Fresh from inking a deal with Heavenly Recordings, Leeds-based soloist Eaves this week unveiled the spellbinding "As Old As The Grave". It sounds like Mr Eaves has perused some old tomes on the great art of songwriting, the track driven at the start by gorgeous, unaccompanied folk harmonies that wouldn't sound out of place on a Fleet - wood or Foxes - record. Born of interlocking, cascading acoustics, "As Old As The Grave" centres itself on bright, root humming melodies, if only to be darkened by its lyrical focus on alcoholism. Exceptionally promising stuff.

Philippines producer Eyedress teamed up with Londoner Georgia for cut-up electro in the shape of "When I'm Gone". A song that completely disperses itself just seconds in, "When I'm Gone" is a fascinating example of how not to constrain oneself musically. Melting samples, GEoRGiA's distant vocals, hop-skipping rhythms, and dissonance and consonance in constant flux, it's only the gurgling synthline that remains stoic. Wildy inventive writing and another example of the mastermind of Eyedress.

Certainly at the more directly-accessible end of the scale was "Why" by Les Sins (Chaz Bundick of Toro Y Moi fame). It was cruel to drop this disco-belter on Wednesday when the weekend still felt lightyears away, dressed as it is in delectable wah-wah and featured singer Nate Salman's polished vocal. Les Sins' debut record, Michael, is released on 3 November via Company.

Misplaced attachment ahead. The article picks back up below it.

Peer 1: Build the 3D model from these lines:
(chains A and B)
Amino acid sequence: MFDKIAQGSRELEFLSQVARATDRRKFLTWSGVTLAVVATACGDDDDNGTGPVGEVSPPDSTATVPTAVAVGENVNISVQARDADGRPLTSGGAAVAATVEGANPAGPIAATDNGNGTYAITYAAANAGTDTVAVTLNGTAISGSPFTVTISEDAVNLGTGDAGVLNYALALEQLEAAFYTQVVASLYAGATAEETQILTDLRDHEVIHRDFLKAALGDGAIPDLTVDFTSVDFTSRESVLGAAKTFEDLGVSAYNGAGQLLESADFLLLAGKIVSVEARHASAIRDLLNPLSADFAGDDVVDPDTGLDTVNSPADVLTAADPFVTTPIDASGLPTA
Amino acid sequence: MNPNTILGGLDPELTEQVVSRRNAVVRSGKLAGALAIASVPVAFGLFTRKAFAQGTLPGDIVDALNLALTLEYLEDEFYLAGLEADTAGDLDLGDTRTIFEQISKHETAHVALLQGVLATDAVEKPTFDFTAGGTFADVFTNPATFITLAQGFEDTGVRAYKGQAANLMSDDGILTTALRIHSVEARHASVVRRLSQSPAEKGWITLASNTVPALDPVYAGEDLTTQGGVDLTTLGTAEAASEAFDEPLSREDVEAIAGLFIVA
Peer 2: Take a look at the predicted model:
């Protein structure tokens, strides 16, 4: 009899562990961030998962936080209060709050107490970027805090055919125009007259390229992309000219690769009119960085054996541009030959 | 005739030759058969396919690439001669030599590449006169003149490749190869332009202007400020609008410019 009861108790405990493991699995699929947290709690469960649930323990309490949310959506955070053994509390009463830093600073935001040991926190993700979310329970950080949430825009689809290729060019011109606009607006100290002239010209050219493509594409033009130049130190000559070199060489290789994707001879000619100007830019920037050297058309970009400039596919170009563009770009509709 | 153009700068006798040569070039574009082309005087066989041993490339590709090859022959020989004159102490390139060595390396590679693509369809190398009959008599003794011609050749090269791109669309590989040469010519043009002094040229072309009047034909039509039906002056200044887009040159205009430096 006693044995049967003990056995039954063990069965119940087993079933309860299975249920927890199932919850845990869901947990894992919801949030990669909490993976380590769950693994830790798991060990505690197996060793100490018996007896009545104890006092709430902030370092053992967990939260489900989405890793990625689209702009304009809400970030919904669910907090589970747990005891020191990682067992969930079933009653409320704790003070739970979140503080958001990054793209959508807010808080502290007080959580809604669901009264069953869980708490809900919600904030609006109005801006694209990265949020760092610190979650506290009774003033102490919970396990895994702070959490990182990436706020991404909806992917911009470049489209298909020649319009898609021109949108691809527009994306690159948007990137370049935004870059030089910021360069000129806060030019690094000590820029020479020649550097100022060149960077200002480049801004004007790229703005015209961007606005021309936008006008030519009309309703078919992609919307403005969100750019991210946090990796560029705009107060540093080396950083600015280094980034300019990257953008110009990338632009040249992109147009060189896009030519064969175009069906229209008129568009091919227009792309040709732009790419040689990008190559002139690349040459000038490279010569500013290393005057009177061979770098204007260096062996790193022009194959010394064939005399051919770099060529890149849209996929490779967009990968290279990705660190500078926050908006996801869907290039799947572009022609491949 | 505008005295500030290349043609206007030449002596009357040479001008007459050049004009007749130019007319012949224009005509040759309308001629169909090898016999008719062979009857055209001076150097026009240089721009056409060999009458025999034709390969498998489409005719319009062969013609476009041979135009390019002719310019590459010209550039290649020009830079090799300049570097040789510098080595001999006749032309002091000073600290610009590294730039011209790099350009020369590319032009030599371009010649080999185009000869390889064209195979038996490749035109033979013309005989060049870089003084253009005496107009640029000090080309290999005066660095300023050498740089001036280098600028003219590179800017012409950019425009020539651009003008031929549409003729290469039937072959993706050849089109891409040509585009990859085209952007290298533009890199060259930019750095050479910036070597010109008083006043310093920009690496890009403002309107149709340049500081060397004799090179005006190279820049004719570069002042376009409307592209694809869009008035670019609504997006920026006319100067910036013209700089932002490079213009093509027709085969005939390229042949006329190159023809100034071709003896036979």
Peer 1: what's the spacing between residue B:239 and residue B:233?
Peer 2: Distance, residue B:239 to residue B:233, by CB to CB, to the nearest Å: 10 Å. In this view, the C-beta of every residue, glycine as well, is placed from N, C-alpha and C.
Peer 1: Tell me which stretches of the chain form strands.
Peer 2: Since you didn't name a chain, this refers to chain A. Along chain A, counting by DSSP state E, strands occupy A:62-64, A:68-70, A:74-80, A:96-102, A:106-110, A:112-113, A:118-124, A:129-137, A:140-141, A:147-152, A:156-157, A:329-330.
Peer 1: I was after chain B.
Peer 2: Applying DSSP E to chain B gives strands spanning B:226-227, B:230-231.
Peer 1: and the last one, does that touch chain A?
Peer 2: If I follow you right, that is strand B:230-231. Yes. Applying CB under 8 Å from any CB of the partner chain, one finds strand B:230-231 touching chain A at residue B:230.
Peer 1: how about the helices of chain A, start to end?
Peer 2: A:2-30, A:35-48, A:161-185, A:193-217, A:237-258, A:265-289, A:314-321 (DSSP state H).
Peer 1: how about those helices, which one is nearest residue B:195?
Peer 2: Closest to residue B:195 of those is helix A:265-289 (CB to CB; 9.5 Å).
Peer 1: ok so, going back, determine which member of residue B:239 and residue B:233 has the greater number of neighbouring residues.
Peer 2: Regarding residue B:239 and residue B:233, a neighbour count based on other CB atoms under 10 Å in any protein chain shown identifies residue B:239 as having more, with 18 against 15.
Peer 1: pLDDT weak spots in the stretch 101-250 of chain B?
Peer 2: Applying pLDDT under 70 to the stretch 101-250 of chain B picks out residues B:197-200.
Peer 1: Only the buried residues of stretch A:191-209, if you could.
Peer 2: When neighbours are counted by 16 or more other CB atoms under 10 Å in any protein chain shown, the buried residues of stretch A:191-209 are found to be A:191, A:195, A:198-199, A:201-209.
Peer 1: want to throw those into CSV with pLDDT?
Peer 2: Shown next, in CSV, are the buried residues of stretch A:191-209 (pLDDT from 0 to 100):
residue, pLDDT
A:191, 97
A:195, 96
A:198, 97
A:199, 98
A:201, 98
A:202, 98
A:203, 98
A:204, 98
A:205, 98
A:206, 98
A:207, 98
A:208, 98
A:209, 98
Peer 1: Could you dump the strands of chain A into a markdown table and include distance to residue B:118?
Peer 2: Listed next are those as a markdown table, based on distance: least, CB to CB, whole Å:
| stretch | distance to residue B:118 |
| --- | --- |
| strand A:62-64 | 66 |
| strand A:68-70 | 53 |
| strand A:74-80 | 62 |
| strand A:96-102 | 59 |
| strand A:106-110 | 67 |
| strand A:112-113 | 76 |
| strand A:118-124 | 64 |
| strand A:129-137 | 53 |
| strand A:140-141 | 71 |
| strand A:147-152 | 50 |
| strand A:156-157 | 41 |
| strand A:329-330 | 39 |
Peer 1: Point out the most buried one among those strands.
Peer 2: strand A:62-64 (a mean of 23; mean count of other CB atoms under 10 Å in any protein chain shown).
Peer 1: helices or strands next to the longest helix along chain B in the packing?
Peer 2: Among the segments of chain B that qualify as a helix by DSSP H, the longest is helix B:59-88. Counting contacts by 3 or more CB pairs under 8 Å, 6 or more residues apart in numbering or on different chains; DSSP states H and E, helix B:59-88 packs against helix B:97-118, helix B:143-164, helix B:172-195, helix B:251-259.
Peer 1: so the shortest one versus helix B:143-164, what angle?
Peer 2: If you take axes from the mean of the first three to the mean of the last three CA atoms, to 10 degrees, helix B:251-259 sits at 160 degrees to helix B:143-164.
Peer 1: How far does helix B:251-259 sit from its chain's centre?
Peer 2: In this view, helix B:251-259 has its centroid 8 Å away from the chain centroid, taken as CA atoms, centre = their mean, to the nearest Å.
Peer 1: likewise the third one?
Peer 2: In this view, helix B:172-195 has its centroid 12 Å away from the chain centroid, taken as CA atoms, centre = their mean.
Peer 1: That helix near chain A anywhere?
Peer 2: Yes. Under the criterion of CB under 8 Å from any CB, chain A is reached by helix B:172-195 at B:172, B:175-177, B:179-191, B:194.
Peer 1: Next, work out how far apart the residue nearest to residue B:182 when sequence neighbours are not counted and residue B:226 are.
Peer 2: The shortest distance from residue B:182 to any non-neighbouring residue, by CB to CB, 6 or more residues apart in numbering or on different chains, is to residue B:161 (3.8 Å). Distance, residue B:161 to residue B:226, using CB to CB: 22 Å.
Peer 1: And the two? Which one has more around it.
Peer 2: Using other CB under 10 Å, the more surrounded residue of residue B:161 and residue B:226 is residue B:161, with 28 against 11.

Sweden's Korallreven returned this week with the hyper emotional pop of "Spirit Away". It's the first we've heard from the duo since their 2011 self-titled debut, a certain Best Fit fave. Featuring supple vocals from the pair's Marcus Joons and breathy heights from fellow Swede China, "Spirit Away" is a band re-energised with its Euro synths and heavily propulsive beats.

Last up, prolific producer Dev Hynes (Blood Orange) enlisted upcoming RnB talent Tinashe to sing on his next experimental cut, "Bet". The track is riddled in the main with dirty trap and ghoulish samples, buoyed by Tinashe's velveteen vocal, before being sucked into the vacuous space of a typically dramatic Hynes guitar solo. It's pretty complicated work from Hynes and we dig it.

Listen to our selection of the week's best new music below: